Drink of the Week: The Midnight Fizz


The Midnight Fizz was written up by New York Times food and drink writer Rebekah Pepplar and that’s about all I know of its origins. Why “midnight”? I haven’t a clue. The drink is greenish white and there’s nothing particularly nocturnal about it; it would make a fine breakfast cocktail if you’re into that kind of thing.

What I do know about this fizz is that it’s a variation of a gin-based Silver Fizz or Gimlet. It’s a decent reworking of old themes and it’s got more booze than its predecessors; so, there’s that. Also, it’s second summer here in L.A. and maybe where you are as well. Why not work in one more super ice-cold frosty beverage before the chill sets in?

The Midnight Fizz

2 ounces gin
¾ ounce fresh lime juice
1 egg white (1 ounce of packaged egg white)
½ ounce orange liqueur (Curaçao or Cointreau/triple sec style)
½ ounce simple syrup (or equivalent superfine sugar, if you like)
Chilled soda water (roughly 1-2 ounces)

Combine all the uncarbonated ingredients in a cocktail shaker with no ice. Shake vigorously for several seconds to emulsify the egg white; keep that lid tight to avoid the mildly explosive revenge of albumin. Next, add ice. Shake vigorously for about as long as you can stand it.

Next, double-strain the liquid into a chilled Tom Collins or rocks/old-fashioned glass to get rid of pulp and tiny bits of ice. Once you’ve strained all the liquid, top it off with some well-chilled soda to ensure an ice-cold and truly frosty beverage.


So, about that double-straining. What’s wrong with a little lime pulp or ice? Nothing! I typically prefer using a regular strainer, but the reason it’s important here is that removing the pulp tends to soften tart and acidic notes. When I single-strained Midnight Fizz, it was disappointing enough that I considered dropping it. When I remembered the mention of using double-straining in the original recipe, however, everything fell into place.

To be specific, I’m a fan of Tanqueray’s Rangpur gin but the Rangpur lime that accents this expression at first made for a drink neither I nor my in-house guinea pig enjoyed. This Midnight Fizz was both way too limey and too sweet. Double straining the drink solved the problem for Rangpur and it was one of my better attempts at the Midnight Fizz. I fine strained all the drinks after that.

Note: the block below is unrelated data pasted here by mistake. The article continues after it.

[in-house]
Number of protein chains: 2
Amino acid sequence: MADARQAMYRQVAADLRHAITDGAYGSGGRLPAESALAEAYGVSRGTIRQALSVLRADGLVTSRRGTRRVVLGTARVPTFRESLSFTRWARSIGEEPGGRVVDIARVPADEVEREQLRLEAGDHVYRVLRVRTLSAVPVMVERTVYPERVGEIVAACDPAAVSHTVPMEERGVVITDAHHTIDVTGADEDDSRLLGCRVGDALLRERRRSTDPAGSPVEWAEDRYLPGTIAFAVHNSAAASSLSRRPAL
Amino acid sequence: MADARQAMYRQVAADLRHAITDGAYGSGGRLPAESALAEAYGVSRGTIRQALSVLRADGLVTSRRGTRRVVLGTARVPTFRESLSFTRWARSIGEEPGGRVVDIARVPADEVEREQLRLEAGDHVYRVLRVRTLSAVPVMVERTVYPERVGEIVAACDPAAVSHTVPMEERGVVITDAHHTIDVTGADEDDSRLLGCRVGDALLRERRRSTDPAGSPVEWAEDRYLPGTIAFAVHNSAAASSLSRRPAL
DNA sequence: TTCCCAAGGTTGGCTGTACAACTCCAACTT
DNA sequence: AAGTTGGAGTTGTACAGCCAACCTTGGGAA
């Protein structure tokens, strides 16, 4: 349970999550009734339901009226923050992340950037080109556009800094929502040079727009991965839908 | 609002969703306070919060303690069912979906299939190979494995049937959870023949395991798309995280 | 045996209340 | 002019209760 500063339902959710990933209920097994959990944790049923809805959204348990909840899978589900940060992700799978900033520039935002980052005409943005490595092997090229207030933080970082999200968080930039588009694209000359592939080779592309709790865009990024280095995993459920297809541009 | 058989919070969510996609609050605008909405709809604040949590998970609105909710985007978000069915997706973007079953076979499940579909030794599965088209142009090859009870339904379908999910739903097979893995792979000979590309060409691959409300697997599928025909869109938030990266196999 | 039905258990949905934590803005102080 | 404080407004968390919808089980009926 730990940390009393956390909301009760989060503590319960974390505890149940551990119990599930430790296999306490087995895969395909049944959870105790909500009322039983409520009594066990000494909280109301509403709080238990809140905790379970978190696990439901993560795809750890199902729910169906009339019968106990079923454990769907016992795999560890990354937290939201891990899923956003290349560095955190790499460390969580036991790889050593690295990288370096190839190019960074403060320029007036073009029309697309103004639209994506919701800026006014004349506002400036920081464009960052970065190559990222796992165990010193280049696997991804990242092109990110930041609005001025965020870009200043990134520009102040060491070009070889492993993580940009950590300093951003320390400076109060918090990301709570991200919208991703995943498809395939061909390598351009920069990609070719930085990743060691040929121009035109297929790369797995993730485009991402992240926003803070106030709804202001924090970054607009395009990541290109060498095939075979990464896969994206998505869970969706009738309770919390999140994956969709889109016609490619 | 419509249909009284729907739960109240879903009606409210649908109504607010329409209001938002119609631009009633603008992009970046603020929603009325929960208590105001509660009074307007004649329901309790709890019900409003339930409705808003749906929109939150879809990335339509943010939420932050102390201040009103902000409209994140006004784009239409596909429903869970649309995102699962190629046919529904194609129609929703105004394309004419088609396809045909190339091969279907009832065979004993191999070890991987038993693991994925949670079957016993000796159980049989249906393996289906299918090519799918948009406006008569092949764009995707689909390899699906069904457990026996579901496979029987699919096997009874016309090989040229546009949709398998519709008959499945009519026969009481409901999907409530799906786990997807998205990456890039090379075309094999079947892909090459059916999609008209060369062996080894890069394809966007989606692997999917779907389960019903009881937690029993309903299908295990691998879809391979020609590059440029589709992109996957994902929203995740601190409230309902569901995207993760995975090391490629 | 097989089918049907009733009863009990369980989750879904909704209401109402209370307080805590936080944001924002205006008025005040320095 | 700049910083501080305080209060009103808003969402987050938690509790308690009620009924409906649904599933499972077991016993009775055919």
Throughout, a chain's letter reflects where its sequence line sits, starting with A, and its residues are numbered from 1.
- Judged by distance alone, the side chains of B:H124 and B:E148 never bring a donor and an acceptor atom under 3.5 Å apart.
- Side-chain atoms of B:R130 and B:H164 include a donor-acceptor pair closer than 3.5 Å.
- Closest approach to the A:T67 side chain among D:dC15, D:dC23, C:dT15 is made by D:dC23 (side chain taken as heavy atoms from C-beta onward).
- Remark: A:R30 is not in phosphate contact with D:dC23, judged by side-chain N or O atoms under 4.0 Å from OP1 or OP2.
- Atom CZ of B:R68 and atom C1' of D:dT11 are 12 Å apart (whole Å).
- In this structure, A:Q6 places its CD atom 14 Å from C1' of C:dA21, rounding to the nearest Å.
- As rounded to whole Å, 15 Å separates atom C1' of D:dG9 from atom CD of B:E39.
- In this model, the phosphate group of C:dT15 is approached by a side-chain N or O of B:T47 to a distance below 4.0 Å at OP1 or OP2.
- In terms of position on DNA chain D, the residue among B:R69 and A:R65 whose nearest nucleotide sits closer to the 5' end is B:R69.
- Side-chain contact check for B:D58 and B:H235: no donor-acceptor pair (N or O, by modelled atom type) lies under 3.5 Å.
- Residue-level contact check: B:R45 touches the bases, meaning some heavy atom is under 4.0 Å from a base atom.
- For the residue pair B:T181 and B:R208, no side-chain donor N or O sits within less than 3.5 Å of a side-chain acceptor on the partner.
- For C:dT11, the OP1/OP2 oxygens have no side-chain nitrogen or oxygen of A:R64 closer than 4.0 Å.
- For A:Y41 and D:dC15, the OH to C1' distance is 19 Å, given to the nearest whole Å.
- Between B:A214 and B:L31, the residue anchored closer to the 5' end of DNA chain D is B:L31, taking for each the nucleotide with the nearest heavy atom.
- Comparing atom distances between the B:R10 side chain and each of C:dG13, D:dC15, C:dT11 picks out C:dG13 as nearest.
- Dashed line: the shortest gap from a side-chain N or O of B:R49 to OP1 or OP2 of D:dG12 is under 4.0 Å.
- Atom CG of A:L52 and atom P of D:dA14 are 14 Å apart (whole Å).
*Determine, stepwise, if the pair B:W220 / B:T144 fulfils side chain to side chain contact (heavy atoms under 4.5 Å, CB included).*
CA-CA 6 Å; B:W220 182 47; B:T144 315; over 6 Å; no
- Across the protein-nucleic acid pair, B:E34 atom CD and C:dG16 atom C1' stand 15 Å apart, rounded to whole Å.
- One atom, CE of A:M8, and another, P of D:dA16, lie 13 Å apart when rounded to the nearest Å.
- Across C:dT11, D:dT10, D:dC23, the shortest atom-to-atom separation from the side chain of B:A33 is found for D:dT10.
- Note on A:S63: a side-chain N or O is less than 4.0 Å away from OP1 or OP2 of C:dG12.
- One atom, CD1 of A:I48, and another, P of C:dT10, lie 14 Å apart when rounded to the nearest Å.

My outcomes were simpler than with Rangpur but still good when I used decent bottom-shelf gins like Gordon’s and Primrose. Moving back to the premium mid-shelf, Bombay Sapphire — which can be very reasonably priced for CA shoppers at the 1.75 ml size — was probably the best of the lot. Its slightly botanical-forward profile was a flattering counterpoint to the citrus and sweetness. Plymouth Gin is nearly always a solid choice, and so it was here. The most interesting version of the drink was with an artisanal LA-centric expression, Mulholland Gin. Up to now, I haven’t quite known what to make of this product, with its very intense notes of lavender and bitter cucumber. The Midnight Fizz was the best match for it so far.

As for which orange liqueur brands to use, there are a lot of ways to go. Ms. Pepplar of NYT suggested Pierre Ferrand Dry Curaçao, Cointreau, or its less upscale relation, triple sec. I had good luck with the first two liqueurs, but the Midnight Fizz also turned out to be a good home for a bottle of Mathilde Orange I’d barely touched. It’s another member of the Curaçao family – a bit cheaper than Grand Marnier but maybe just as good.


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